The New Statesman Profile - Robert Kilroy-Silk

Our Man of the Year is a super-rich celeb who claims to know what the people want: the transient fam

In our search for the New Statesman's Man of the Year, we have been guided, as so often before, by the work of Hippolyte Taine. Every epoch, the philosopher wrote in 1864, has its ideal model of man: the knight in the Middle Ages, or the courtier "whose influence is displayed over the whole field of action or thought" in the Renaissance.

None of the superficially obvious candidates for our honour meets Taine's standard. Osama Bin Laden is a man of the seventh century, not the 21st. George W Bush has won the war Bin Laden started, in Afghanistan at least, but no one can be him or would want to be him. The year saw Tony Blair become the first Labour leader to win two landslides. Victory improved him, and glimmers of respectable government have blinked in the gloom. But, paradoxically, the suppression of the Railtrack looters and the promise to revive the NHS have heightened disgust with new Labour.

Our ideal modern man wouldn't tolerate disgust. He gives criticism, he most certainly doesn't take it. He doesn't waste time on conventional public service because he knows the service the public wants isn't good medical care, but to be an omega-list celebrity, if only for a moment. He feels the citizen's pain and lets us share it. Although he pockets extraordinary fees, he is clear that he is on the side of the people. People who cross or mock him must therefore be jailed for a sort of treason against themselves. He is authoritarian, but he is also tolerant. He can accept any vice and pardon any crime as long as the sinner confesses.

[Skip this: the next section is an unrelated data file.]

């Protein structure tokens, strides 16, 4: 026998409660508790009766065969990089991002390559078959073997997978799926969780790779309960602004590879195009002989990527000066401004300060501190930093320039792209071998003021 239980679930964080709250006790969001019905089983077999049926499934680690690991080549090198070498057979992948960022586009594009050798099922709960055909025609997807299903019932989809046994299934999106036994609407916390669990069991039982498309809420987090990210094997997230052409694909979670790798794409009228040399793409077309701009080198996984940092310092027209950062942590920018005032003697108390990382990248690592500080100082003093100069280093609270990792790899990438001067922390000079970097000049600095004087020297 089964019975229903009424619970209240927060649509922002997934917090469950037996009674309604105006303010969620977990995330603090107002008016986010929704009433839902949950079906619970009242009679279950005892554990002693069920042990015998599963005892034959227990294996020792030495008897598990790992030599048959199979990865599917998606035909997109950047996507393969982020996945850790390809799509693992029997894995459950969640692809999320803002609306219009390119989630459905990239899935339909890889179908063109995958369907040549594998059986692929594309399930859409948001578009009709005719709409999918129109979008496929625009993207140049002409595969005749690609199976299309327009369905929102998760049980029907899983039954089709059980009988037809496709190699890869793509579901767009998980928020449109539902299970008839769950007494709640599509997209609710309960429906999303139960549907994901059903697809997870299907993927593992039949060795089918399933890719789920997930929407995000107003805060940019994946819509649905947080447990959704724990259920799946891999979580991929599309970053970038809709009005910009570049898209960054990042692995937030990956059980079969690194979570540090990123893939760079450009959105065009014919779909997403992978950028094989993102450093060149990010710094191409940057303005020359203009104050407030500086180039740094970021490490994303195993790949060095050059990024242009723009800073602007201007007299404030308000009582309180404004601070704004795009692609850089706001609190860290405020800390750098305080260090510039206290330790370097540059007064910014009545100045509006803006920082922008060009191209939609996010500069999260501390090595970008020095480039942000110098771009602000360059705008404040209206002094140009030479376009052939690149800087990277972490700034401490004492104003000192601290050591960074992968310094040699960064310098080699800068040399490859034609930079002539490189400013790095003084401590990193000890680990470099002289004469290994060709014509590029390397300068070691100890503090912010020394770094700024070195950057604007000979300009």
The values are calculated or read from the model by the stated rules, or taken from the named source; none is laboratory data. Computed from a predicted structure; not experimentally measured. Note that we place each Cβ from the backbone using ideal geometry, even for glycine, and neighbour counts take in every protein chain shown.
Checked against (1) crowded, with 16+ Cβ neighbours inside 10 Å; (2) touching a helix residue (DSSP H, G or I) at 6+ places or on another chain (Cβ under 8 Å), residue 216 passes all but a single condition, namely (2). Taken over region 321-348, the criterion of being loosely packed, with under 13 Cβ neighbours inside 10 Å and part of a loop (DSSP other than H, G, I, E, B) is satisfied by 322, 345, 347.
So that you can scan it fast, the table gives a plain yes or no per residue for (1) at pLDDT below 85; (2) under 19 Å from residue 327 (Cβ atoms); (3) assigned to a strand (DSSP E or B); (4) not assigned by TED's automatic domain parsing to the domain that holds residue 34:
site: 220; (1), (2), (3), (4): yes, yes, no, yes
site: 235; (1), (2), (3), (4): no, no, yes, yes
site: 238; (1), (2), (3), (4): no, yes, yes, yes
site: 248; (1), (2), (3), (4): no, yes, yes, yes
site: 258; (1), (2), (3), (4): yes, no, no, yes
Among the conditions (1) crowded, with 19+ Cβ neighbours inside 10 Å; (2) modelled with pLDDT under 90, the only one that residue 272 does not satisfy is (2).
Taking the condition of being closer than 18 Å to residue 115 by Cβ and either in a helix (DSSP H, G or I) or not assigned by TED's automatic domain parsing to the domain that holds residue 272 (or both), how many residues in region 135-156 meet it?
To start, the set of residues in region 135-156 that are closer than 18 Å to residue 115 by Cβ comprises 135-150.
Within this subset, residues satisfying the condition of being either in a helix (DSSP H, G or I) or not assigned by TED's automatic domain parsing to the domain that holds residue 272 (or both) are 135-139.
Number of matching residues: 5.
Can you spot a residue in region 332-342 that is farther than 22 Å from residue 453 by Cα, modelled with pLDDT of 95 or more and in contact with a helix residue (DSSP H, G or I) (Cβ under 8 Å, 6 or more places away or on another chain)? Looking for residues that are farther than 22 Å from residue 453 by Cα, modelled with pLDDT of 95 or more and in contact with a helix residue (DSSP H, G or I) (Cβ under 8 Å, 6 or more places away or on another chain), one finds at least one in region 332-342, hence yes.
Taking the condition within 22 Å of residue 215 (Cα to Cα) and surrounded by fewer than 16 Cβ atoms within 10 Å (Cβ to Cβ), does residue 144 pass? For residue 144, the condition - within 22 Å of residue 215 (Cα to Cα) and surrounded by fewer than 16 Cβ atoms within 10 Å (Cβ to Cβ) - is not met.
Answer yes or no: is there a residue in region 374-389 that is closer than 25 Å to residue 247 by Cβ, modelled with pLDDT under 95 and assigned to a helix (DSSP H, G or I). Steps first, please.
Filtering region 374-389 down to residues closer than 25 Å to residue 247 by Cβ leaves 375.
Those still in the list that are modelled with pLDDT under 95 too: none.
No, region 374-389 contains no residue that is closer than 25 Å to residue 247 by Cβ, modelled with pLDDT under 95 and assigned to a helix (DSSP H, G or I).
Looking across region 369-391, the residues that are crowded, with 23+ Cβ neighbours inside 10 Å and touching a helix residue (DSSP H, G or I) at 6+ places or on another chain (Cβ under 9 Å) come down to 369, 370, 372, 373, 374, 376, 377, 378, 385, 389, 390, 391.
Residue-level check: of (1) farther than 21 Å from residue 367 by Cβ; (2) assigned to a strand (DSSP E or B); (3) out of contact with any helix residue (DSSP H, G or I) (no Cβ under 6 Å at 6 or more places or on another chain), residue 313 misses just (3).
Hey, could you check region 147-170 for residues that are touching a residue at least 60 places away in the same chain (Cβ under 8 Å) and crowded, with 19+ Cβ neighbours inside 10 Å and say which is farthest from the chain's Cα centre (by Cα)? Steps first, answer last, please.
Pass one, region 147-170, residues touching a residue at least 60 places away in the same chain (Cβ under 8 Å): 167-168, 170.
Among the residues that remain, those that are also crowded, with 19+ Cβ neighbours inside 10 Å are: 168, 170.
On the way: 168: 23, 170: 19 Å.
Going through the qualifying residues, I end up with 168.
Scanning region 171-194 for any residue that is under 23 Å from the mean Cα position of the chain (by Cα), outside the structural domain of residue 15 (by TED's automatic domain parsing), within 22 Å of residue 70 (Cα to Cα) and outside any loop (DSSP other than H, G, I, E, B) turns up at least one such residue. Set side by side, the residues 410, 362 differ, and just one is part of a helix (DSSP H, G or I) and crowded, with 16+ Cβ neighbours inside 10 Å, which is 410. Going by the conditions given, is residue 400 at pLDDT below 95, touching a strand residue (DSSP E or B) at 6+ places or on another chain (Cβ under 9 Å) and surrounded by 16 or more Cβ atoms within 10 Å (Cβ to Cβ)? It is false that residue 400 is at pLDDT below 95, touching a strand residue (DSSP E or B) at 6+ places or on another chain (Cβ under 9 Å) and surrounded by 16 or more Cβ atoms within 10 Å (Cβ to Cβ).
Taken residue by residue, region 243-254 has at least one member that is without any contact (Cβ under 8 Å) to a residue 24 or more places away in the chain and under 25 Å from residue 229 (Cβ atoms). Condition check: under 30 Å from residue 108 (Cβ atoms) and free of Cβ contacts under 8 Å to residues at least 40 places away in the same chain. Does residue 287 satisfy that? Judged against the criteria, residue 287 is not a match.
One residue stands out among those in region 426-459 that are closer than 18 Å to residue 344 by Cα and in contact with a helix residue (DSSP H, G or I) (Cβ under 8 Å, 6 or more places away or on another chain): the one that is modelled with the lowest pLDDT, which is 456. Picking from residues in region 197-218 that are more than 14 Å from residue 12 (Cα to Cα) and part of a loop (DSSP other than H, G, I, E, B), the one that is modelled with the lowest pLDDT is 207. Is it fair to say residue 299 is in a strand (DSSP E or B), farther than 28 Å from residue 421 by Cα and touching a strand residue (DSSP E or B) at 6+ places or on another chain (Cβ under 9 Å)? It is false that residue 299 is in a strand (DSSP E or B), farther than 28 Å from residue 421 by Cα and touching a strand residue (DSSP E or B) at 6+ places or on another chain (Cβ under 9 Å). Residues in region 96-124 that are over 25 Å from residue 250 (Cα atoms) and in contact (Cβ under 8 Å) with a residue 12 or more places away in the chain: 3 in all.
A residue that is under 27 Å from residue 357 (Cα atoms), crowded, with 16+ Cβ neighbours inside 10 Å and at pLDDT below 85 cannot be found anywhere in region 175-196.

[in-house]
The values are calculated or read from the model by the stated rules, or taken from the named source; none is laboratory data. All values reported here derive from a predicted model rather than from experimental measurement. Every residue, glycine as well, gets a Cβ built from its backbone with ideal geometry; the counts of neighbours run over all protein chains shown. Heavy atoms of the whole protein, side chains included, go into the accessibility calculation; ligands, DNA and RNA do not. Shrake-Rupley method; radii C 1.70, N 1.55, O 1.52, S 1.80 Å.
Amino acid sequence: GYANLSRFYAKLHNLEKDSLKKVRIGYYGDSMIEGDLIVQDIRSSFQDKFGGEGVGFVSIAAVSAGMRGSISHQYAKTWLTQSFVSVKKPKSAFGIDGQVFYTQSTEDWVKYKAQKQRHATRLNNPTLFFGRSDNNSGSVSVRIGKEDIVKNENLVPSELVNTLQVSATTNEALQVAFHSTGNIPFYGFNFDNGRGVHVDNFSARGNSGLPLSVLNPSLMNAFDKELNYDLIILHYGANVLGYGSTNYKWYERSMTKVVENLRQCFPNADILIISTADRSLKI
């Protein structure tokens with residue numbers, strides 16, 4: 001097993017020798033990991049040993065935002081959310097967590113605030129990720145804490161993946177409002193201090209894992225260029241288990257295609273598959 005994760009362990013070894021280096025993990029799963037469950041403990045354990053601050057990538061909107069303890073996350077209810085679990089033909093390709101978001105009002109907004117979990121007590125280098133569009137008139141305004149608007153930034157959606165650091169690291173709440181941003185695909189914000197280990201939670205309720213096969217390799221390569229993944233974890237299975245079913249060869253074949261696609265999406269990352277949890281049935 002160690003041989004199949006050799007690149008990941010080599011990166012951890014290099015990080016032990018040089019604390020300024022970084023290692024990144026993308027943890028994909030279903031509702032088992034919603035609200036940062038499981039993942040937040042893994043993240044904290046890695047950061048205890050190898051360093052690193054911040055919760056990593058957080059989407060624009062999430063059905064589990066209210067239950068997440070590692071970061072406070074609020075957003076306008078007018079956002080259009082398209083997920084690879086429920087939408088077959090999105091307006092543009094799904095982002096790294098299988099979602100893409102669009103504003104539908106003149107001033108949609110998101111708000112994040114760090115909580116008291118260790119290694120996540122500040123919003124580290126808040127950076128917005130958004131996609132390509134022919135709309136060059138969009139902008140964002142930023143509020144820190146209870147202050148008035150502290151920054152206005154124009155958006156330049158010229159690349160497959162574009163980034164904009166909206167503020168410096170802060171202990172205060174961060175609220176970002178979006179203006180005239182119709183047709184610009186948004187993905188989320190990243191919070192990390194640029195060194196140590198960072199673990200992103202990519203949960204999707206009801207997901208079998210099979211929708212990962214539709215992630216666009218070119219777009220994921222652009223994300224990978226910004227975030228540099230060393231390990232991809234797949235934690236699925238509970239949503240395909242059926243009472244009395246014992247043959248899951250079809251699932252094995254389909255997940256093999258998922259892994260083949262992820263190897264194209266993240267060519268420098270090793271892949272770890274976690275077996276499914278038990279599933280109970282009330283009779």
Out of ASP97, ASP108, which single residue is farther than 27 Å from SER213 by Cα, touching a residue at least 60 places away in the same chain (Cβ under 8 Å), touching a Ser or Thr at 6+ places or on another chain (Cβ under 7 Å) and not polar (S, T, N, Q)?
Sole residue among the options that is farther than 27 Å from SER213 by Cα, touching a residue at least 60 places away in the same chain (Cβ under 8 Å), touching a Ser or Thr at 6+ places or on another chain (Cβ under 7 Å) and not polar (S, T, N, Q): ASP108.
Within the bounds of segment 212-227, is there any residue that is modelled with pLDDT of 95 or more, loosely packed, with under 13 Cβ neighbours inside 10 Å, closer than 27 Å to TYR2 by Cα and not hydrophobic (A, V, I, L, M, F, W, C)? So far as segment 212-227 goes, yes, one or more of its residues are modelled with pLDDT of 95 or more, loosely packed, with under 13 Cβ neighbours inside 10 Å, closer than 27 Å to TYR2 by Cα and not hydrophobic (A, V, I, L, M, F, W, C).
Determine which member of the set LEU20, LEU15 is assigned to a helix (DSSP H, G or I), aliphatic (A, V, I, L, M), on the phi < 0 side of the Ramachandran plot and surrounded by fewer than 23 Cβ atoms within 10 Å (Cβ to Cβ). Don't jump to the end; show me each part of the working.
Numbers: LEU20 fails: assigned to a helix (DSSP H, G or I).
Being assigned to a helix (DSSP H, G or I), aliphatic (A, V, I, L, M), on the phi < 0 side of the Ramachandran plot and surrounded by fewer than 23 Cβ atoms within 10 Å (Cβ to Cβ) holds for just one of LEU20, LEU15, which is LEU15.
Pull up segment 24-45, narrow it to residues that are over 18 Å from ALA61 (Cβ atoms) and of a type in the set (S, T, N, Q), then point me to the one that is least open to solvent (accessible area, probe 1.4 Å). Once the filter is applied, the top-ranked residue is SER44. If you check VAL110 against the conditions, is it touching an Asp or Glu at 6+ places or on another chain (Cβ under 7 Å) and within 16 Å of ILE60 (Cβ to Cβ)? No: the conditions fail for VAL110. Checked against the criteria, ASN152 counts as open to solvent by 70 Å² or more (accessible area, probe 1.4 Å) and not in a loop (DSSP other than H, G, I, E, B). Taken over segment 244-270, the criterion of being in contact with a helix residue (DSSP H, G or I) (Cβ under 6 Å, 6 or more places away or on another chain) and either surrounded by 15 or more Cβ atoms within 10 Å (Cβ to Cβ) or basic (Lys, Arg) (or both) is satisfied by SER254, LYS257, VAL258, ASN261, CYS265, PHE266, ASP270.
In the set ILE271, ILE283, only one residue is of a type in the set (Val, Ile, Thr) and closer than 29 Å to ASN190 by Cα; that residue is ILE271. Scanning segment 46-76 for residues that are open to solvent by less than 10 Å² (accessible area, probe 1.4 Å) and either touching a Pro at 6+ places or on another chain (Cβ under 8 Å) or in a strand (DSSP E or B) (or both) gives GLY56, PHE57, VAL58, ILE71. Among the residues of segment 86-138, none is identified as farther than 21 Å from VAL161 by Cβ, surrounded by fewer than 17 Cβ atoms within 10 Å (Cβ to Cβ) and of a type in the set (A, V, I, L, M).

He is Robert Kilroy-Silk.

Democratic Britain treats double-barrelled names as the mark of the elitist beast. Kilroy-Silk has been "Kilroy" for almost all of the 2,300 programmes he has made since he became the first daytime host in 1987. (Tony Benn would be "Wedgwood" if the BBC were to give him a morning slot.) "Kilroy" will keep accusing and sobbing, sentencing and hugging, for a while yet. The BBC has extended his contract by three years and displays no sign of wearying of him as he approaches his seventh decade. Politicians lose elections. Mathematicians burn out at 30. Nurses drop from exhaustion. "Kilroy" goes on to the crack of doom, because the great questions he has put before the nation - Have we all gone mad? Who do they think they are? - are not of his age, but for all time.

To see his mind at work, take his treatment of Cherie Blair. On 25 November, he wrote in his Sunday Express column: "So Cherie Blair decided to follow Laura Bush and champion the rights of women in Afghanistan. Good. And about time, too. What kept them? Why did it take them so long to wake up to the repression of women by the mad Muslims?" There was a disappointing note of grudging praise in his voice. The best he could do was go for Blair's tardiness in waking up to the plight of women under the Taliban. As the condemnation came from a man whose programme showed no interest in the gender balance in Central Asia before 11 September, the blow was glancing at best.